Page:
Neurological Abnormalities in Schizophrenia and Obsessive-Compulsive Disorder

Myung-Sun Kim; Tae Hyon Ha; Jun Soo Kwon

Disclosures

Curr Opin Psychiatry. 2004;17(3) 

In This Article

Abstract and Introduction

Purpose of Review: Due to the frequent observation of the coexistence of obsessive-compulsive and schizophrenic symptoms in the same patient, there is growing interest in the pathophysiological overlap between the two disorders. In order to identify the similarities and disparities between schizophrenia and obsessive-compulsive disorder, this review summarizes the recent findings from structural/functional neuroimaging, neuropsychological and electrophysiological literature on first-episode schizophrenia and obsessive-compulsive disorder.
Recent Findings: Recent research has identified that structural, cognitive and electrophysiological abnormalities are present in schizophrenia and obsessive-compulsive disorder. In particular, brain abnormalities are present even in the early stage of schizophrenia. The deficits in the frontostriatal and frontotemporal pathways seem to be the pathophysiology of schizophrenia, and frontostriatal deficit is also involved in obsessive-compulsive disorder. Although the frontostriatal deficit is present both in schizophrenia and obsessive-compulsive disorder, schizophrenic patients show more structural abnormalities and cognitive deficits. A few studies directly comparing obsessive-compulsive disorder with schizophrenia have reported interesting findings on the pathophysiological mechanisms of the same neural circuits with functional dissociations.
Summary: Recent research has demonstrated that brain abnormalities are present in first-episode schizophrenia and obsessive-compulsive disorder. There are some pathophysiological similarities, such as deficit of the frontostriatal circuit, between schizophrenia and obsessive-compulsive disorder, but more structural abnormalities are involved in schizophrenia. Future studies, investigating the neurological abnormalities in schizo-obsessive or early-phase psychosis with obsessive-compulsive symptoms, are needed.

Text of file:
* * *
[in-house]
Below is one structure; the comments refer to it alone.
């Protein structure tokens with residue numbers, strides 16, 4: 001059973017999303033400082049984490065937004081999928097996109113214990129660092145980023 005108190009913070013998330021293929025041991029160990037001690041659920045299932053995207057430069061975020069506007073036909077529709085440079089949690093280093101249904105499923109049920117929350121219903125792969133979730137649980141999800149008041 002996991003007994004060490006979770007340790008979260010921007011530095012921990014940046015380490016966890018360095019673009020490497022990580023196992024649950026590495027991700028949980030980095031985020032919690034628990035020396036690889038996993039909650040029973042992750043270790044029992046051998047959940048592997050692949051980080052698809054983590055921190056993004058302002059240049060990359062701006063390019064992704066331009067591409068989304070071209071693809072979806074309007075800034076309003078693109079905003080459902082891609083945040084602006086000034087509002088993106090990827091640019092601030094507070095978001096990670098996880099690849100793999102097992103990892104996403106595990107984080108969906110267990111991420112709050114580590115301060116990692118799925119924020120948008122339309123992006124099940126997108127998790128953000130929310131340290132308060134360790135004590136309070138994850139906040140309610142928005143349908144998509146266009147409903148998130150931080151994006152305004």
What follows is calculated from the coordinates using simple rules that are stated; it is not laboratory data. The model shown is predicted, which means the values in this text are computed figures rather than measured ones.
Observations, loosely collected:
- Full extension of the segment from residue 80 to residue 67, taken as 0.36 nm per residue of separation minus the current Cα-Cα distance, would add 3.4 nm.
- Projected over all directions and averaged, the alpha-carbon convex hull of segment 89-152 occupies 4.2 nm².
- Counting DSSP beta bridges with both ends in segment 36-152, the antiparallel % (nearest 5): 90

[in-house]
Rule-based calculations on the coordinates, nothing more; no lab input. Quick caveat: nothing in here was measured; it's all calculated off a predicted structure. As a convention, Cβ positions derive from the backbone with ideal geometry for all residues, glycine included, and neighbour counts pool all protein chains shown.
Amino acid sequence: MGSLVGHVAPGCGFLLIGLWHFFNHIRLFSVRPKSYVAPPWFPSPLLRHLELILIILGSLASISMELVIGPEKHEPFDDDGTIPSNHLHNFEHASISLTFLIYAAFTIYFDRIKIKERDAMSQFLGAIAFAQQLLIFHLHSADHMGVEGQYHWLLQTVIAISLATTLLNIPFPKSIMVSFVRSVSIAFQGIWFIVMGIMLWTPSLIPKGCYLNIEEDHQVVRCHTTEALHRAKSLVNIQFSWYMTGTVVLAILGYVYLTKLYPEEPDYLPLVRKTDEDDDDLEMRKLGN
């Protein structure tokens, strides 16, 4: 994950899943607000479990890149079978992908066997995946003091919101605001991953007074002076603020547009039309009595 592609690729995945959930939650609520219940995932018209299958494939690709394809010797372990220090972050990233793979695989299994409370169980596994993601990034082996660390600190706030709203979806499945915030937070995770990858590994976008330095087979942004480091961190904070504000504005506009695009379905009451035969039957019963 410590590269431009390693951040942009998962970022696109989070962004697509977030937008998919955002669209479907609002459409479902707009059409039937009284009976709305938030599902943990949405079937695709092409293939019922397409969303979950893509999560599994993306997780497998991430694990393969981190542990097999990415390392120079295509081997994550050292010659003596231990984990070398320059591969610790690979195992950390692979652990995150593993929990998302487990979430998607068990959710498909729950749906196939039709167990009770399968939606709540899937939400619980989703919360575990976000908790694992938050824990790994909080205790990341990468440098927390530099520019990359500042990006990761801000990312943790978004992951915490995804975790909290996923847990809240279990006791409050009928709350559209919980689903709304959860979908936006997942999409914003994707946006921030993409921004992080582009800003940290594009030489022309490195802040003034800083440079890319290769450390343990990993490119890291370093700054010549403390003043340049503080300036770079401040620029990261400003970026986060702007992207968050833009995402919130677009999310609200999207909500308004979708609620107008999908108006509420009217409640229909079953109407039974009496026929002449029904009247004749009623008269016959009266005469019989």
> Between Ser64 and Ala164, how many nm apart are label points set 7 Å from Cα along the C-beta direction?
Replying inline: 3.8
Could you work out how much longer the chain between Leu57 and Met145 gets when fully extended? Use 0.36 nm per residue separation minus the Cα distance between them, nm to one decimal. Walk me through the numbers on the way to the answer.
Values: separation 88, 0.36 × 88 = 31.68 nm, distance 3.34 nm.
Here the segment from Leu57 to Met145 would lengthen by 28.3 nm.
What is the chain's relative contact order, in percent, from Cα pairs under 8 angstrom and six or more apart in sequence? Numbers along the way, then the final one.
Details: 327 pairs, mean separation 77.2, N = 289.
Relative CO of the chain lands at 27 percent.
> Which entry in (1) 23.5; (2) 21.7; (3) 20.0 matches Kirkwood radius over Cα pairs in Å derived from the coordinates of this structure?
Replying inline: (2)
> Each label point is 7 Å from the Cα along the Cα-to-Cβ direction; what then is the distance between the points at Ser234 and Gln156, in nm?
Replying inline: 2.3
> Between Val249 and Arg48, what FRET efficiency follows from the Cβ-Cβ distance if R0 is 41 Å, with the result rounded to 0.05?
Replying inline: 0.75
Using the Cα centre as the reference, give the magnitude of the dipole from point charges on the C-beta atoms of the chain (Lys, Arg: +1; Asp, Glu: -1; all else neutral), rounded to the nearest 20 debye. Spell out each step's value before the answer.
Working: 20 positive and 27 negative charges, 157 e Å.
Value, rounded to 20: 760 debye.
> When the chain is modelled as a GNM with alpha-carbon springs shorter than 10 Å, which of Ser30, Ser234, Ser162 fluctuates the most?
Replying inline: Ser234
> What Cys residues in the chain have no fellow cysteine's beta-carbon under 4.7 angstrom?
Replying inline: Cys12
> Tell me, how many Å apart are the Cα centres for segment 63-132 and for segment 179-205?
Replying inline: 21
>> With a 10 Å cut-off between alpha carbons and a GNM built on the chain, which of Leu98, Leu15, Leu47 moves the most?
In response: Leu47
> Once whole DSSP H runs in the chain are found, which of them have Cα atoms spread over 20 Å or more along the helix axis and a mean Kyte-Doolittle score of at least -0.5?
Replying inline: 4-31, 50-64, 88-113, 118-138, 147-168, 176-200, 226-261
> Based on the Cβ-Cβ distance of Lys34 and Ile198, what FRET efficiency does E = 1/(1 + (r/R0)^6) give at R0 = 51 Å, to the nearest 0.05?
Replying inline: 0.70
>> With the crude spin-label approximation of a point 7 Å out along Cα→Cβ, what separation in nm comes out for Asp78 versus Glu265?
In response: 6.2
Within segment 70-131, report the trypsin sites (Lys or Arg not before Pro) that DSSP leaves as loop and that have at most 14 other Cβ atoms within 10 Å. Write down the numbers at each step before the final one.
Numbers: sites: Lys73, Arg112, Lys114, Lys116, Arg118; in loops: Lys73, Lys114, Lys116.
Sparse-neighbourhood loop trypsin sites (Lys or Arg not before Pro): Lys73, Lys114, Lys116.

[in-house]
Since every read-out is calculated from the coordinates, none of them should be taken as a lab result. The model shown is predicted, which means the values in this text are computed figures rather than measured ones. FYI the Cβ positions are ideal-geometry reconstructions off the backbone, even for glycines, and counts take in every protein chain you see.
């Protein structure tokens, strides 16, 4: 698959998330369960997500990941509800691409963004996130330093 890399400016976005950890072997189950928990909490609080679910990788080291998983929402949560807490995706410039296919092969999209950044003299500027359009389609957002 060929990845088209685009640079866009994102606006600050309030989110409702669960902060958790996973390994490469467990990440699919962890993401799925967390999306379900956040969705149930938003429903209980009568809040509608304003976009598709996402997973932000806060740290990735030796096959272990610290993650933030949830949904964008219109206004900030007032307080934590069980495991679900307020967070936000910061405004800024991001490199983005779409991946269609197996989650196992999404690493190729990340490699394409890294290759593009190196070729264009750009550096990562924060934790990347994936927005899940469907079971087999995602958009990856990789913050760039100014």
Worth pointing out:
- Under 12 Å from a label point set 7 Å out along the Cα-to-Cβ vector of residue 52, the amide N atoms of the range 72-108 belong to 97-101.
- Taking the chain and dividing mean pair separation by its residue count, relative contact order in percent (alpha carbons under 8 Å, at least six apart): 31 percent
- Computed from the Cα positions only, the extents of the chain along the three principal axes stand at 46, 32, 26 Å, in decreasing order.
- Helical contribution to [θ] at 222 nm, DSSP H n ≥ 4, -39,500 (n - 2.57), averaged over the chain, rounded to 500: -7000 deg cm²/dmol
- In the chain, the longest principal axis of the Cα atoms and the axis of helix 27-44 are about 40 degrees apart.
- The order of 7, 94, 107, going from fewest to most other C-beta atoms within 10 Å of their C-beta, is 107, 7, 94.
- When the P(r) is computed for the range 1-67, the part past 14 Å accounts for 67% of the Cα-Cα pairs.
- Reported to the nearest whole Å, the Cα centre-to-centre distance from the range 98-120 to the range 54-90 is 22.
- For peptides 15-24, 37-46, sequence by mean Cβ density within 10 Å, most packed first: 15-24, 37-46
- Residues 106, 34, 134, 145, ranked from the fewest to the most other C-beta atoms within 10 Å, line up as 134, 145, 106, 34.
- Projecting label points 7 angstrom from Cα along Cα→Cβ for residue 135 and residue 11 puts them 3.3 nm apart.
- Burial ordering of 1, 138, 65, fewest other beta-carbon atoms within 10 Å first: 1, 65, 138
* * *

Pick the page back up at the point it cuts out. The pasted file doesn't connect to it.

Although schizophrenia and obsessive-compulsive disorder (OCD) are separate psychiatric disorders, patients having comorbidity of the two disorders are frequently observed in clinical practice, which has led to the introduction of a new term 'obsessive-compulsive schizophrenia'. Recently, growing interest in the possible overlaps between schizophrenia and OCD have arisen from attempts to explain the pathophysiology of the two disorders on the basis of the functional and structural neuroimaging findings.

Much evidence has been accumulated that suggests abnormalities in brain structure and function are involved in both schizophrenia and OCD. Abnormalities in the frontotemporal and frontostriatal pathways have been considered as pathophysiologies of schizophrenia. The neurological findings in schizophrenia have been criticized for such confounding factors as medication and the chronicity of the illness. In OCD, deficit in the frontostriatal circuit has been consistently implicated as a pathophysiology.

In order to identify the similarities and disparities between schizophrenia and OCD, this review summarizes the findings of the latest studies (November 2002-present) which have investigated brain abnormalities in patients with schizophrenia and OCD. For the structural and functional abnormalities in schizophrenia, only studies that employed first-episode schizophrenia are considered to reduce the effects of confounding factors, such as medication and the chronicity of the illness. The reviewed studies have been grouped into those studying structural/functional, neuropsychological and electrophysiological (event-related potentials) abnormalities in patients with schizophrenia and OCD.

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